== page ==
Easy and tasty are the goals of car camping cooking. The foods we bring, and their preparation, dictate our equipment needs. Whether cooking with electricity, alternative fuels, or both, make sure you have what you need with you.
Chris & Mac
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Easy and tasty are the goals of cooking in camp. The foods we bring, and their preparation, dictate our equipment needs. Whether cooking with electricity, alternative fuels, or both, make sure you have what you need with you.
CAR CAMPING – COOKING
Cooking With Electricity
Our choices for cooking when car camping are greatest when we have on site electric hookup. This allows the use of drip coffee pots, hot plates, or electric skillets. Depending on how often you camp it can make sense to purchase and dedicate some or all of these items specifically for your camping adventures. This way they will always be ready to go when you are. Alternatively, a “grab from home” list works great if you do not car camp often. In all cases, however, don’t forget the extension cords!
With no electric access, we often turn to propane fuel for camp cooking. Camp stoves and single burner base units are both excellent options. Both budget and space friendly, single burner bases work well for percolation type coffee pots and small saucepans. However, with multiple burner surfaces, protection from wind, and a lower center of gravity for greater stability, camp stoves are both a more popular and versatile option than single burner bases.
Cooking With Wood & Charcoal in Camp
Campground supplied campfire rings, raised grills, or charcoal grills brought from home are the primary open flame options for cooking while camping. If relying on campground supplied amenities, however, have a backup plan. Campers often find that grill grates are often missing, broken, or just plain nasty. A folding campfire grate with its own supports, or a portable or disposable grate are excellent equipment additions for these instances.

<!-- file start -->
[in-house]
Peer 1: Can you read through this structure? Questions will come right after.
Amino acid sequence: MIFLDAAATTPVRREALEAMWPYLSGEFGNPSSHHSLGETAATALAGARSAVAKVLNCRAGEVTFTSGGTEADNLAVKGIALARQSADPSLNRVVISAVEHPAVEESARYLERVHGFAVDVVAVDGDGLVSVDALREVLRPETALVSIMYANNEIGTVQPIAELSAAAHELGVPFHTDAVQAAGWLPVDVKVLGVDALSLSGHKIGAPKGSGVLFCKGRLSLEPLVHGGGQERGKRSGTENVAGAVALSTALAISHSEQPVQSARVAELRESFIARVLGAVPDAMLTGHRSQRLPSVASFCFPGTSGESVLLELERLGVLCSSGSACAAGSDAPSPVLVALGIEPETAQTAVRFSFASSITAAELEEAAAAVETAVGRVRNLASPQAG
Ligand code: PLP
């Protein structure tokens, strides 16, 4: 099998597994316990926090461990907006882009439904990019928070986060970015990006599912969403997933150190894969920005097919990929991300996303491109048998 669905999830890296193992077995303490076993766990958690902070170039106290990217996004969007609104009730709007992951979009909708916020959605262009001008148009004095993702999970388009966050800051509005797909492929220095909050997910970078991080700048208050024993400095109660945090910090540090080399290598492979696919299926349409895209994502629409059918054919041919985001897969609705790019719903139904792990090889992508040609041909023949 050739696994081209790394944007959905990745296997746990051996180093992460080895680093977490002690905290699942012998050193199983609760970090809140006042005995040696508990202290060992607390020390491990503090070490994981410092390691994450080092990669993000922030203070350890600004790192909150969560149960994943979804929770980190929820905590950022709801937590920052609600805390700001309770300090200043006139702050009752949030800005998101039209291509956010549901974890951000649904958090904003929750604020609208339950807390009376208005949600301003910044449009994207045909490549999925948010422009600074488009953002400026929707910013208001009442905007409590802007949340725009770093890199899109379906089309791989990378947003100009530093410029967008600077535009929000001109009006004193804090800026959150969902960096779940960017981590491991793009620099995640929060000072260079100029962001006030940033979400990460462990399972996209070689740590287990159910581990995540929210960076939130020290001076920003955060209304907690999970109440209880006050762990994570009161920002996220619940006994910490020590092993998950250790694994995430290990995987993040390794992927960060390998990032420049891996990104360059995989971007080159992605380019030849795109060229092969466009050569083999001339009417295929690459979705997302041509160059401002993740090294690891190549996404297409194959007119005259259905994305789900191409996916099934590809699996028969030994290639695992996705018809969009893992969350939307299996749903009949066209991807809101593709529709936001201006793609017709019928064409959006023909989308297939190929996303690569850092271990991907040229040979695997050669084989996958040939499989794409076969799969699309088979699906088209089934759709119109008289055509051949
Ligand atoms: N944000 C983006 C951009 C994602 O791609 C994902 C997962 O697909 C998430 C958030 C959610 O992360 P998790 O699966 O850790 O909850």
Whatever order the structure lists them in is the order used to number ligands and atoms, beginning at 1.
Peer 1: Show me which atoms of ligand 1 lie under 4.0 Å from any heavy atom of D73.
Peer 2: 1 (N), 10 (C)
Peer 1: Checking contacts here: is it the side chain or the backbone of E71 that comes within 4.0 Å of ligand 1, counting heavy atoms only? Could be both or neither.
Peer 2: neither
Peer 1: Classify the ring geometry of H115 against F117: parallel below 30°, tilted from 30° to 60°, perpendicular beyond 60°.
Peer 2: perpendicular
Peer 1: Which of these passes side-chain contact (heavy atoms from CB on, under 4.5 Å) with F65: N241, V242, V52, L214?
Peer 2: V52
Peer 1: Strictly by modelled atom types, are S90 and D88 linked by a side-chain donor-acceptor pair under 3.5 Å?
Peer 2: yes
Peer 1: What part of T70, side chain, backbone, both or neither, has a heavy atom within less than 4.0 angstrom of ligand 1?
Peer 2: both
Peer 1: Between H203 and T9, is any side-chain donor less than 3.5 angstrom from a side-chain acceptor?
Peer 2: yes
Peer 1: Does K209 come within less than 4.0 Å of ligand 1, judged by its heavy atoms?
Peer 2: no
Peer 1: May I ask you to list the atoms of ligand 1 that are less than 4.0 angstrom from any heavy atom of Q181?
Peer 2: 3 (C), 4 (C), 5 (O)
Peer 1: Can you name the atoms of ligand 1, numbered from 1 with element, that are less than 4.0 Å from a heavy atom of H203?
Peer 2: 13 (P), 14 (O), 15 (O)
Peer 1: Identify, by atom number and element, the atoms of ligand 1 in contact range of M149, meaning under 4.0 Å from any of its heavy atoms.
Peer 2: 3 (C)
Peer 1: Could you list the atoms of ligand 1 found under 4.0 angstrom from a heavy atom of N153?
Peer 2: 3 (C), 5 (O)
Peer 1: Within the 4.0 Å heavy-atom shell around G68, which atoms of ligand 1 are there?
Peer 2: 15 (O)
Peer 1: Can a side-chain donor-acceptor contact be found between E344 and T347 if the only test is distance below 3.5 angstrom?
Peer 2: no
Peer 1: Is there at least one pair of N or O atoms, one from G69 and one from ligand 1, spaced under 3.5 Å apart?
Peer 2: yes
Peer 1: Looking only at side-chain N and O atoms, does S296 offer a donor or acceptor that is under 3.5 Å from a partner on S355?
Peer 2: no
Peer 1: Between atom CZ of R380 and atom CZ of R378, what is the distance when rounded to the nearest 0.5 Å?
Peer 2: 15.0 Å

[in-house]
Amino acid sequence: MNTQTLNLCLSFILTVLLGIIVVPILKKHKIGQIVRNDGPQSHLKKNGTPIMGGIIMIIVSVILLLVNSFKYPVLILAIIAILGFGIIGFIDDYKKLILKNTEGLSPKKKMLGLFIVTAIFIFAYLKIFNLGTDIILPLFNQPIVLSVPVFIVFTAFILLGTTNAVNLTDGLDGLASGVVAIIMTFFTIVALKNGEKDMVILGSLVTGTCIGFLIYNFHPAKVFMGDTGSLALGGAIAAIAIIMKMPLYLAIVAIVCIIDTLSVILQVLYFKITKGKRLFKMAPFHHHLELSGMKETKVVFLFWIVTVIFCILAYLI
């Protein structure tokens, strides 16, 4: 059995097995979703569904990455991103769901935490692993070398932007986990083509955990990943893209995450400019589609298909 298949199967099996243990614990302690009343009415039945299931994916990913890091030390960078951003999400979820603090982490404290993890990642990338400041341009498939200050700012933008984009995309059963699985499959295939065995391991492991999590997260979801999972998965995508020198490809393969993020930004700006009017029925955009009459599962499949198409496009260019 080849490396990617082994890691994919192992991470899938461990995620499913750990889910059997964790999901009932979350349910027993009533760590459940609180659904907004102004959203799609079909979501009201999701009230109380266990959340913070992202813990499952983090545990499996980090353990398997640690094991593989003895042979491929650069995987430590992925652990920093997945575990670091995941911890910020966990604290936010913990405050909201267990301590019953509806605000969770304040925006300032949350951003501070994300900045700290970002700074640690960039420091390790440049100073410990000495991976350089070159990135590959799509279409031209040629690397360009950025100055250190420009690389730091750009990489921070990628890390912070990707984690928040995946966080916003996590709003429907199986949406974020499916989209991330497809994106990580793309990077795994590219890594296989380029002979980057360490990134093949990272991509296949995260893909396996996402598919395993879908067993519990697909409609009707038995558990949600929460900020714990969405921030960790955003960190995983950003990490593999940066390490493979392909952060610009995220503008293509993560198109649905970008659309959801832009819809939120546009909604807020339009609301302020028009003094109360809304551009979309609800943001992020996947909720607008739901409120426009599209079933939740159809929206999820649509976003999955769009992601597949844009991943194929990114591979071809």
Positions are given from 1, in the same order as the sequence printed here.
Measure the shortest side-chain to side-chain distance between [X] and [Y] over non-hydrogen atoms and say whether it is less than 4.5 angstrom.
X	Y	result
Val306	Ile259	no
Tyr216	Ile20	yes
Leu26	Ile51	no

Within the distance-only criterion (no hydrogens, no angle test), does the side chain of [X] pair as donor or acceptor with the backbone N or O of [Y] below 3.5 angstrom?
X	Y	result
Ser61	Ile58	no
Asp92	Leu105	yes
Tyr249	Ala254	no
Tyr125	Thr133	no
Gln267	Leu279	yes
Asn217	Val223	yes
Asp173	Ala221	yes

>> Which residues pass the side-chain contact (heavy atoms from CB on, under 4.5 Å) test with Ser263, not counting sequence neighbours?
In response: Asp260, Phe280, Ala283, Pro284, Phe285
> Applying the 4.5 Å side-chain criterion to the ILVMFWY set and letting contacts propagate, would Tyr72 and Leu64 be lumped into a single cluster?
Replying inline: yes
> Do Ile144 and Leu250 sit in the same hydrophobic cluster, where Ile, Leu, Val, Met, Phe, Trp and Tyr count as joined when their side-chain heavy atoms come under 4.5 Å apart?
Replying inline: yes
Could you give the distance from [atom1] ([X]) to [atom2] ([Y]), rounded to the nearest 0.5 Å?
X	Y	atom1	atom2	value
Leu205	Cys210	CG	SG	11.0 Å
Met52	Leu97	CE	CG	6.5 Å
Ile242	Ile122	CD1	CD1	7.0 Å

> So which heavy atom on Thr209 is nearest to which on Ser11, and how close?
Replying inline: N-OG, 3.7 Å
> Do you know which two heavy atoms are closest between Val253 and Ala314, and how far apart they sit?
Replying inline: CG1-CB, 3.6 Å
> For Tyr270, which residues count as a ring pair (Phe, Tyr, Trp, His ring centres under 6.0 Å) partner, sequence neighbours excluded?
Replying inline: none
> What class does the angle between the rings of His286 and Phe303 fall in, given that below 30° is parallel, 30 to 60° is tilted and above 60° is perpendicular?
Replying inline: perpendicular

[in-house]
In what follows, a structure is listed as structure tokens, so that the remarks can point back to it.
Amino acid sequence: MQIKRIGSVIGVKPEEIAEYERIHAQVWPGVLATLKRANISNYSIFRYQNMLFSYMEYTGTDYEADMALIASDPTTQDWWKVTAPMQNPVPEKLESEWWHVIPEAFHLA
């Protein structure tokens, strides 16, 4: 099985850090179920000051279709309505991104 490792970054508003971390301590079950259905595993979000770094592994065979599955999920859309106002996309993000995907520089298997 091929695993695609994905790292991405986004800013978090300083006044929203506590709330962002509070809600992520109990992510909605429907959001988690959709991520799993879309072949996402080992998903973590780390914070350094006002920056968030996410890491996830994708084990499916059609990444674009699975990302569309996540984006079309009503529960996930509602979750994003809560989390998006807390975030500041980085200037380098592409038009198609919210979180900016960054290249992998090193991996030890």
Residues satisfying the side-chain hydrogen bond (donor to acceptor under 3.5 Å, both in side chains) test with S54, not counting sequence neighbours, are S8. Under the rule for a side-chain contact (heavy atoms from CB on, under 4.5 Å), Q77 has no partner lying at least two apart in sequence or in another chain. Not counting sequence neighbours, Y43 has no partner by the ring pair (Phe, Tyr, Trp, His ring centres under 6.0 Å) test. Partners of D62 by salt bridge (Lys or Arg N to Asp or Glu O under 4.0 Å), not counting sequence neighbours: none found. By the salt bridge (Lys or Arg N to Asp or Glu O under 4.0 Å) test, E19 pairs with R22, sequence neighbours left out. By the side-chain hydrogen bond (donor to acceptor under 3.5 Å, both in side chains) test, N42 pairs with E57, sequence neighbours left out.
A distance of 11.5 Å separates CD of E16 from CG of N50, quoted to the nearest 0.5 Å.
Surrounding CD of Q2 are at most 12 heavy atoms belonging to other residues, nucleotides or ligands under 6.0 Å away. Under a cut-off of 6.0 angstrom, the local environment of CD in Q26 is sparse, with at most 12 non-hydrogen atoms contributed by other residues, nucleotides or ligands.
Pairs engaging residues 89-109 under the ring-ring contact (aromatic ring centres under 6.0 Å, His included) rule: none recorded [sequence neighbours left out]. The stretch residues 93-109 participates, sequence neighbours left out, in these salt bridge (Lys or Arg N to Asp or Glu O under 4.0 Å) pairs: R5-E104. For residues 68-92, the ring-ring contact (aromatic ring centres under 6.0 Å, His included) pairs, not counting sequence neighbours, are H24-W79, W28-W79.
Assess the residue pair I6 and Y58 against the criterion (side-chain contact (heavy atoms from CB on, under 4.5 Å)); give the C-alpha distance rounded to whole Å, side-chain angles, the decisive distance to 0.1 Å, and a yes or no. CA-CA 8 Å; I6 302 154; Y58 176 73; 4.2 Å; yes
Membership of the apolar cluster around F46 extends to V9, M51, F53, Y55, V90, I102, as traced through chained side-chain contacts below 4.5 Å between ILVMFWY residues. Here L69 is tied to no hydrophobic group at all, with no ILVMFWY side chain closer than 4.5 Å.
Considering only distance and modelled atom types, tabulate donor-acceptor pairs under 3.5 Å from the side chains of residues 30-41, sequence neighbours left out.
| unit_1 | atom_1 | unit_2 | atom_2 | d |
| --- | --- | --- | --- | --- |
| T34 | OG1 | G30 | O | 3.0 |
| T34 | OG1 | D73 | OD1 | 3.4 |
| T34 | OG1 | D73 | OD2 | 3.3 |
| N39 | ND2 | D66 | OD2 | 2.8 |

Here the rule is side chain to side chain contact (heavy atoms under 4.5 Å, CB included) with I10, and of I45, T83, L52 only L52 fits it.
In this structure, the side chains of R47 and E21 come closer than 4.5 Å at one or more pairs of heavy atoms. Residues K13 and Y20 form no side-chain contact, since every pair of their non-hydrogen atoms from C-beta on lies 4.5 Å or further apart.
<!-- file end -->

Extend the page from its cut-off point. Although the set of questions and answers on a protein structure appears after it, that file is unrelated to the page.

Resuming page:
CAR CAMPING – COOKWARE
No matter what manner of open flame you employ, we recommend dedicated skillets and pans if cooking with open flame. They will get beat up, and their bottoms will get blackened. Other non skillet and non direct flame options for open flame include tin foil, pie irons, and sticks (hotdogs and marshmallows always rule in camp!).
A word of caution on the use of open flame. Some areas can and often do ban the use open flame at certain times of the year. During wildfire season, for instance, open flame may be banned but propane is permissible. Know before you go in case you are planning to utilize open flame cooking on your camping trip.
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